beef stroganoff with mashed potatoes
We wanted to experience the local dining scene in St. Petersburg so we asked our friends at SPb Tours to recommend something local but not touristic. They recommended a place called Sadko, and mentioned in passing that we'd like the ambiance.
The Mariinsky Theatre
Sadko is right across the Mariinsky (Kirov) theatre, home of Russian ballet. The exterior of the restaurant was so unimpressive that the conversation inside the van, as we U-turned to get off on the right side of the road, included silly jokes of being saddened by our dining experience (didn't help that "ko" is Filipino for "me"--Sad ko? Sad me? My sad?)
As soon as we entered though, all our doubts were dispelled by the cleverly done interiors.
The first thing we noticed were the imposing red chandeliers hanging from the vaulted ceilings. All around the restaurant were traditional handpainted flowers--the type of flowers you would see on Russian lacquerware.
Signed (by famous people?) dinnerware displayed in the middle of the dining room
The restaurant is relaxed, casual and unpretentious--just the type I like. I couldn't keep my eyes off the massive chandeliers. I thought they contrasted nicely with the simple tables and bentwood chairs.
If you look closely at the pictures, you'll notice that speakers, vents and airconditioning units are camouflaged with the same anthracite color of the walls. I like that kind of attention to detail.
Finally, after scrutinizing the interiors, it was time to order! We focused on the Russian specialties--borscht, strogranoff, pelmeni, blinis... and of course, vodka!
I noticed that a lot of Russian dishes are served with a side of sour cream. The beef stroganoff didn't come with a side of sour cream, but I know the recipe still calls it! G would like Russian food because she likes sour cream.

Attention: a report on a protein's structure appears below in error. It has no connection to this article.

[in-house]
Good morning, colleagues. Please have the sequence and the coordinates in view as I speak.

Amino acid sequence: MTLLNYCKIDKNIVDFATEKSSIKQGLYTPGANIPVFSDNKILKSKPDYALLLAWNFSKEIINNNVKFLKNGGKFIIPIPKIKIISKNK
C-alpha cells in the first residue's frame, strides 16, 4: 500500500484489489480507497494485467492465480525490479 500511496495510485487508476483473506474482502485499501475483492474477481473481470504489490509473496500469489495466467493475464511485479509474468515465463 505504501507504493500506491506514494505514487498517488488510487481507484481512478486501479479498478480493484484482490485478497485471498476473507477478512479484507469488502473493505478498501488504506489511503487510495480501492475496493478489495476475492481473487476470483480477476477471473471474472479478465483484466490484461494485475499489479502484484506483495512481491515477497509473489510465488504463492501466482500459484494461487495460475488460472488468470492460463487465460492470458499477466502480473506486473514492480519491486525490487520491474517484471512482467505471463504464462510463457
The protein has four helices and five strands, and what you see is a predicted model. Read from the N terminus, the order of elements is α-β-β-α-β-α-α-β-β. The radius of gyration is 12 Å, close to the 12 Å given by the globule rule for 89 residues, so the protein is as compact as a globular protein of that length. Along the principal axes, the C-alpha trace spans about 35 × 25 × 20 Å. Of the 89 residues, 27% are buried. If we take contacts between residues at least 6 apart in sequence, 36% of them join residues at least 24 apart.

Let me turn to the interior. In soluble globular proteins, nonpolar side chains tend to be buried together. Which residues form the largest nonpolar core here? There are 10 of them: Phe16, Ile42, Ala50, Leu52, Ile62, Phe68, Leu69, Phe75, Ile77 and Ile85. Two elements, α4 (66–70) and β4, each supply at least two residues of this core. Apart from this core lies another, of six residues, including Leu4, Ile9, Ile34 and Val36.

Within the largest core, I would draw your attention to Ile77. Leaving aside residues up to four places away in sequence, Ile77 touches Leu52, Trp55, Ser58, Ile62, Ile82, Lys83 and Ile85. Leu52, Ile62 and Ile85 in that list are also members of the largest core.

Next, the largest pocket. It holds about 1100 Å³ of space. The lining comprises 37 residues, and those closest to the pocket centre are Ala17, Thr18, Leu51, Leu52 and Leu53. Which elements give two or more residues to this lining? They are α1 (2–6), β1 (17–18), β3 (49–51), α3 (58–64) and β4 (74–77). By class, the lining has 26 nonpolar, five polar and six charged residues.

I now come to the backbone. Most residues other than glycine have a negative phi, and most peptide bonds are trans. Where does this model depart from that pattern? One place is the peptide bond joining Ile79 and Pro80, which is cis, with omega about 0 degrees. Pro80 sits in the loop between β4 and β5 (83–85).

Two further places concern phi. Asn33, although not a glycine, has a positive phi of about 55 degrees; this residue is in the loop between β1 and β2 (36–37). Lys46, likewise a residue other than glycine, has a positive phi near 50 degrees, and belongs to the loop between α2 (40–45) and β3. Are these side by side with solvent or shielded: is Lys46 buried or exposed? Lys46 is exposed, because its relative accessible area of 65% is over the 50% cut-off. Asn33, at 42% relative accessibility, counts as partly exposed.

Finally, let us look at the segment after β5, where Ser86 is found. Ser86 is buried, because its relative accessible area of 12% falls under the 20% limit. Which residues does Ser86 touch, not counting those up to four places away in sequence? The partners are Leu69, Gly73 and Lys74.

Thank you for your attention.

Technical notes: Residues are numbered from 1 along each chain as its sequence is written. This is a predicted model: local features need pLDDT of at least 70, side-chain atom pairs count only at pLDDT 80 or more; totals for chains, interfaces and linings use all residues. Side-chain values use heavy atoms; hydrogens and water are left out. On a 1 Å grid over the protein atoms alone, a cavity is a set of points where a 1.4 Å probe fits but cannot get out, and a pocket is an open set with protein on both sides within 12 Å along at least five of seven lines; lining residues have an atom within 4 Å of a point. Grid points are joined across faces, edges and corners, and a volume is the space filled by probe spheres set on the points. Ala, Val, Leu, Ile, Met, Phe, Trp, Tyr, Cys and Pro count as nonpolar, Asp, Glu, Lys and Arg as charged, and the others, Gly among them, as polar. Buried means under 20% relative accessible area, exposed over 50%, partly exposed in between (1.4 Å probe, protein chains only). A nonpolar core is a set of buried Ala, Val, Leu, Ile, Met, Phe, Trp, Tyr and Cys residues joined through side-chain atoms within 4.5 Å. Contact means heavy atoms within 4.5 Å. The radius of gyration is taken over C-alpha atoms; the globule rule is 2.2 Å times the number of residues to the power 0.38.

Pelmeni are like chinese dumplings. Imagine eating a siomai with sour cream? It was actually pretty good. The borscht and the stroganoff were also delicious. The guys on the other end of the table had more food but I was too engrossed with my borscht to get up and photograph their dishes.
The waitstaff was attentive, spoke very good English and got all our requests right. And then, in the middle of our meal, they surprised everyone (at least all those who were there for the first time) by breaking into song! Their voices were beautiful! We found out later that the waiters here are mostly students from the Conservatory nearby. Sadko, by the way, is the name of the main character in a Russian opera.
Our bill was presented inside this matryoshka doll--a nice unique touch. And look how the design on the stylized dolls match the design on the dinnerware. Did I already mention that I like details like this?
We all agreed that Sadko was a good recommendation. The food is good, the staff cultured, and in a city that can be expensive, Sadko is reasonable. I especially appreciated the interiors and the attention to detail.
Lesson: Never judge a restaurant by its exterior. It's not a book. :)
2 Glinka St.St. Petersburg